I think this article will be useful for you. It explains in detail how hard commit and soft commit work, and the tradeoffs that should be taken in account when tuning your system.
I always shudder at this, because any recommendation will be wrong in some cases. My first recommendation would be to not overthink the problem. Some very smart people have tried to make the entire process robust. Try the simple things first and only tweak things as necessary. In particular, look at the size of your transaction logs and adjust your hard commit intervals to keep these “reasonably sized”. Remember that the penalty is mostly the replay-time involved if you restart after a JVM crash. Is 15 seconds tolerable? Why go smaller then?
We’ve seen situations in which the hard commit interval is much shorter than the soft commit interval, see the bulk indexing bit below.
These are places to start.
HEAVY (BULK) INDEXING
The assumption here is that you’re interested in getting lots of data to the index as quickly as possible for search sometime in the future. I’m thinking original loads of a data source etc.
Set your soft commit interval quite long. As in10 minutes. Soft commit is about visibility, and my assumption here is that bulk indexing isn’t about near real time searching so don’t do the extra work of opening any kind of searcher.
Set your hard commit intervals to 15 seconds, openSearcher=false. Again the assumption is that you’re going to be just blasting data at Solr. The worst case here is that you restart your system and have to replay 15 seconds or so of data from your tlog. If your system is bouncing up and down more often than that, fix the reason for that first.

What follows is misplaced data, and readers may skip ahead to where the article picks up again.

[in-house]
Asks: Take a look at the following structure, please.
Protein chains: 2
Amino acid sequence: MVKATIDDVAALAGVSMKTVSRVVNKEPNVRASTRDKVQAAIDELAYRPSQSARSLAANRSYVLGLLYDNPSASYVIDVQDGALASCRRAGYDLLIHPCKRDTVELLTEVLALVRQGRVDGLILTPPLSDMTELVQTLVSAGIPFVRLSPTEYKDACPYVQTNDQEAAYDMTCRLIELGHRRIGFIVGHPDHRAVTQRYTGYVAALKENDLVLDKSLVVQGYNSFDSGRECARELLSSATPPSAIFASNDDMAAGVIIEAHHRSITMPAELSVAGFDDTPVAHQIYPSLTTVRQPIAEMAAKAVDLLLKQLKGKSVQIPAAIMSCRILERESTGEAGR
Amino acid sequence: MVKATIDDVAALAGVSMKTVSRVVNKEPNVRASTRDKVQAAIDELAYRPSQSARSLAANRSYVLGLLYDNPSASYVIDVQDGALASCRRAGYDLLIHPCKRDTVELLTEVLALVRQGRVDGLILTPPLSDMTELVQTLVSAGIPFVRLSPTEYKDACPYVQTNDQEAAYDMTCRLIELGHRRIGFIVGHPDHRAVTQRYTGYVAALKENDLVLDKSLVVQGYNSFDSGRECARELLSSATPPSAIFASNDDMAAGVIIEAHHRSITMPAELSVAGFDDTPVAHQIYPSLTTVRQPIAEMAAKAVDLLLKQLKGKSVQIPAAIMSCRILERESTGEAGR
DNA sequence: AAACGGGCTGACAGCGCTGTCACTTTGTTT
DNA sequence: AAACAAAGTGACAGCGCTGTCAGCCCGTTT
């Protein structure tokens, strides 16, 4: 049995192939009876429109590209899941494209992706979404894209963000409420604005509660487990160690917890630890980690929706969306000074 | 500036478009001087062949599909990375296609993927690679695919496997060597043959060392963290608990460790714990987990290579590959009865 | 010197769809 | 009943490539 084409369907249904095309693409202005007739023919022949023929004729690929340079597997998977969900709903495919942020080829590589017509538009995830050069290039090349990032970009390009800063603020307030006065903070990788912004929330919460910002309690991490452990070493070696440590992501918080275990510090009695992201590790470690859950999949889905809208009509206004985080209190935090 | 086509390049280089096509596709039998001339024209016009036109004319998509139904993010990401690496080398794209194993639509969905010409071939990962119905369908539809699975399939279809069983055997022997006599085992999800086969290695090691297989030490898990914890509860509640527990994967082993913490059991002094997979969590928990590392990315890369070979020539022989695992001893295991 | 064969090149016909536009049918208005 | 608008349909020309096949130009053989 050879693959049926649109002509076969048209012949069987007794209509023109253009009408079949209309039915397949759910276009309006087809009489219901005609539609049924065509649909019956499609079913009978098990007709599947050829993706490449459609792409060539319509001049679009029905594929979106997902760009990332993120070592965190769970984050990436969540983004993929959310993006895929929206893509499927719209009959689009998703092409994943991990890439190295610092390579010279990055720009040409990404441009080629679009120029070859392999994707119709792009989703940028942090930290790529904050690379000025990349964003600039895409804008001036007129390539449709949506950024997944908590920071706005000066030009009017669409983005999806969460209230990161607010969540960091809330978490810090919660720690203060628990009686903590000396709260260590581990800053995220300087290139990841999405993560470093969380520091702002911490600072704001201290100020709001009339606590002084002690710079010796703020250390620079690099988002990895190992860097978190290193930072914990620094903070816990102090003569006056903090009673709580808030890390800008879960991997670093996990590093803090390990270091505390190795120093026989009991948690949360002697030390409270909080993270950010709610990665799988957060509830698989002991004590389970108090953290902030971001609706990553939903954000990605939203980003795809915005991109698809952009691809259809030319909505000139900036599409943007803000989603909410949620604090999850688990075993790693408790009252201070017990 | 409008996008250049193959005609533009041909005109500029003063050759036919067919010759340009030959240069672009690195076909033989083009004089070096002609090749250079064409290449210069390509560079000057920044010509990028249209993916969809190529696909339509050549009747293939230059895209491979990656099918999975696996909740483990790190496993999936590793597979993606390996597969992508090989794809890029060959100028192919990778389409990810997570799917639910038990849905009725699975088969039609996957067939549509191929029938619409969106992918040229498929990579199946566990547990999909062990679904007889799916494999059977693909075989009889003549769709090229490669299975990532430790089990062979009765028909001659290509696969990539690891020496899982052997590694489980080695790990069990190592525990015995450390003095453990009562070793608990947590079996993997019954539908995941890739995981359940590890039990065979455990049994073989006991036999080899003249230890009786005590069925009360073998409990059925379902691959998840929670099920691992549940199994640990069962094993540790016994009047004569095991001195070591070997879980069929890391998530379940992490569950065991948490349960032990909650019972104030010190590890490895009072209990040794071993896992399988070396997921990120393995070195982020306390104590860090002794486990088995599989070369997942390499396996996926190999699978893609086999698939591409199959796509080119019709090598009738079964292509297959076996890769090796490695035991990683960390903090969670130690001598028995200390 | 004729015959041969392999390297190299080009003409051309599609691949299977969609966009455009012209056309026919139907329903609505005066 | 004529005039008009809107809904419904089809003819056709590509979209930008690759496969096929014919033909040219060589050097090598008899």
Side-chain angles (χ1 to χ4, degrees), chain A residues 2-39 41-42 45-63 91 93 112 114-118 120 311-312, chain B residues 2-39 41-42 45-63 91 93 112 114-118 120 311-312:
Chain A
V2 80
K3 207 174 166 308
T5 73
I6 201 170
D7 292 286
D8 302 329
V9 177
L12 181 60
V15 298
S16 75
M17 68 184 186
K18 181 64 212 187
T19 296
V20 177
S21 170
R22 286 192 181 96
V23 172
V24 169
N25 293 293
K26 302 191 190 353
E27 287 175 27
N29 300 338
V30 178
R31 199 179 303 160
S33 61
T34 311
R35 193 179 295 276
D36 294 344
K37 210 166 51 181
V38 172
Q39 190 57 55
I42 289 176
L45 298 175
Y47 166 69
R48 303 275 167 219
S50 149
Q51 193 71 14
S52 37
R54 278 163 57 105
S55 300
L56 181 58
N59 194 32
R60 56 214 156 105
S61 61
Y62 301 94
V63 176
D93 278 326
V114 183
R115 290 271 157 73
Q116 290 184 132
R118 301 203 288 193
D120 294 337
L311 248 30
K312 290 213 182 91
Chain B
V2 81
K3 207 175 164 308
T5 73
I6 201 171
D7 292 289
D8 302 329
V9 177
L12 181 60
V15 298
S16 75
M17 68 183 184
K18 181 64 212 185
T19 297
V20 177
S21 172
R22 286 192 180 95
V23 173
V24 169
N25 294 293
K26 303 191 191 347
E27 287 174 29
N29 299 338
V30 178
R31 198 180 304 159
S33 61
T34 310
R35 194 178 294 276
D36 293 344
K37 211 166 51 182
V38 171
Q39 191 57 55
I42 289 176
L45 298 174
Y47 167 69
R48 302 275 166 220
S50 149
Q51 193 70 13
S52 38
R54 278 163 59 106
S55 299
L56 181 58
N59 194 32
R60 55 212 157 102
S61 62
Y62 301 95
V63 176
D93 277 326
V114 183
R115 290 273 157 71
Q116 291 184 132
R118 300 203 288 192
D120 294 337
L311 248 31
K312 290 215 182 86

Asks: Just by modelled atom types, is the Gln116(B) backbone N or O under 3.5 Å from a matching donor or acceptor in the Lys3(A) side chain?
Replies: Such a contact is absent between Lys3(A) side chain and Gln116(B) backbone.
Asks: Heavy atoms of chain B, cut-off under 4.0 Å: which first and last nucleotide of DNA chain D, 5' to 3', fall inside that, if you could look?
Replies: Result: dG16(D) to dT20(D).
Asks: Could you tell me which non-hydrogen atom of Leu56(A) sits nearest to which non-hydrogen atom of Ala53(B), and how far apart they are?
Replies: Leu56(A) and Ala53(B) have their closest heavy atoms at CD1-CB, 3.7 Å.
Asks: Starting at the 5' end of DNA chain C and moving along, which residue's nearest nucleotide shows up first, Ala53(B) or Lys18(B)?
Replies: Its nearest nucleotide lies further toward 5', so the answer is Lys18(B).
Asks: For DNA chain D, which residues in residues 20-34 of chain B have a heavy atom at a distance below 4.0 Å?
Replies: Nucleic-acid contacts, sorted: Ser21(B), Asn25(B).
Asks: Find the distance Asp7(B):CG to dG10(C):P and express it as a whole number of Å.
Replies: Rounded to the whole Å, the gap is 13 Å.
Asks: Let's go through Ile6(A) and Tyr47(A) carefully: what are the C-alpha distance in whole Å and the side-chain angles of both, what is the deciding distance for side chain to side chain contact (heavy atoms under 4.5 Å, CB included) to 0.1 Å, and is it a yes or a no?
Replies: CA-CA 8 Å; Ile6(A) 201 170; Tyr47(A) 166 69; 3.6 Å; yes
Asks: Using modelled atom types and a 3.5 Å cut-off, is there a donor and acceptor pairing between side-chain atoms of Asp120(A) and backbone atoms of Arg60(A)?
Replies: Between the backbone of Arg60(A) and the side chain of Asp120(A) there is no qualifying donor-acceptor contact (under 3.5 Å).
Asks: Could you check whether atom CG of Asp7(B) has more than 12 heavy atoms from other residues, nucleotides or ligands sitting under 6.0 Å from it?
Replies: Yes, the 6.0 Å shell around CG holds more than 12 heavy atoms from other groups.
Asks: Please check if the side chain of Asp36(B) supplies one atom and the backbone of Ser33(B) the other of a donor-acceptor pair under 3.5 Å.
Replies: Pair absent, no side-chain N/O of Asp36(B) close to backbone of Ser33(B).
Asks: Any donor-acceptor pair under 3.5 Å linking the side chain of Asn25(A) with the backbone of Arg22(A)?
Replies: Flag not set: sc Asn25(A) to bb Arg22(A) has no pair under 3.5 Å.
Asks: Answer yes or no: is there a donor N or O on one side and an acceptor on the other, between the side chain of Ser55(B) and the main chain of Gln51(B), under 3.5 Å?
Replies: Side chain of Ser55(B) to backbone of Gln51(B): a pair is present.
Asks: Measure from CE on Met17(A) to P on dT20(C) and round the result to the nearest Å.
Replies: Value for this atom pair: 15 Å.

Only after you’ve tried the simple things should you consider refinements, they’re usually only required in unusual circumstances. But they include:
Turning off the tlog completely for the bulk-load operation
Indexing offline with some kind of map-reduce process
Only having a leader per shard, no replicas for the load, then turning on replicas later and letting them do old-style replication to catch up. Note that this is automatic, if the node discovers it is “too far” out of sync with the leader, it initiates an old-style replication. After it has caught up, it’ll get documents as they’re indexed to the leader and keep its own tlog.
By this I mean, say, searching log files. This is the case where you have a lot of data coming at the system pretty much all the time. But the query load is quite light, often to troubleshoot or analyze usage.
Set your soft commit interval quite long, up to the maximum latency you can stand for documents to be visible. This could be just a couple of minutes or much longer. Maybe even hours with the capability of issuing a hard commit (openSearcher=true) or soft commit on demand.
Set your hard commit to 15 seconds, openSearcher=false
INDEX-LIGHT, QUERY-LIGHT OR HEAVY
This is a relatively static index that sometimes gets a small burst of indexing. Say every 5-10 minutes (or longer) you do an update
Unless NRT functionality is required, I’d omit soft commits in this situation and do hard commits every 5-10 minutes with openSearcher=true. This is a situation in which, if you’re indexing with a single external indexing process, it might make sense to have the client issue the hard commit.
This is the Near Real Time (NRT) case, and is really the trickiest of the lot. This one will require experimentation, but here’s where I’d start
Set your soft commit interval to as long as you can stand. Don’t listen to your product manager who says “we need no more than 1 second latency”. Really. Push back hard and see if the user is best served or will even notice. Soft commits and NRT are pretty amazing, but they’re not free.
Set your hard commit interval to 15 seconds.
In my case (index heavy, query heavy), replication master-slave was taking too long time, slowing don the queries to the slave. By increasing the softCommit to 15min and increasing the hardCommit to 1min, the performance improvement was great. Now the replication works with no problems, and the servers can handle much more requests per second.
This is my use case though, I realized I don'r really need the items to be available on the master at real time, since the master is only used for indexing items, and new items are available in the slaves every replication cycle (5min), which is totally ok for my case. you should tune this parameters for your case.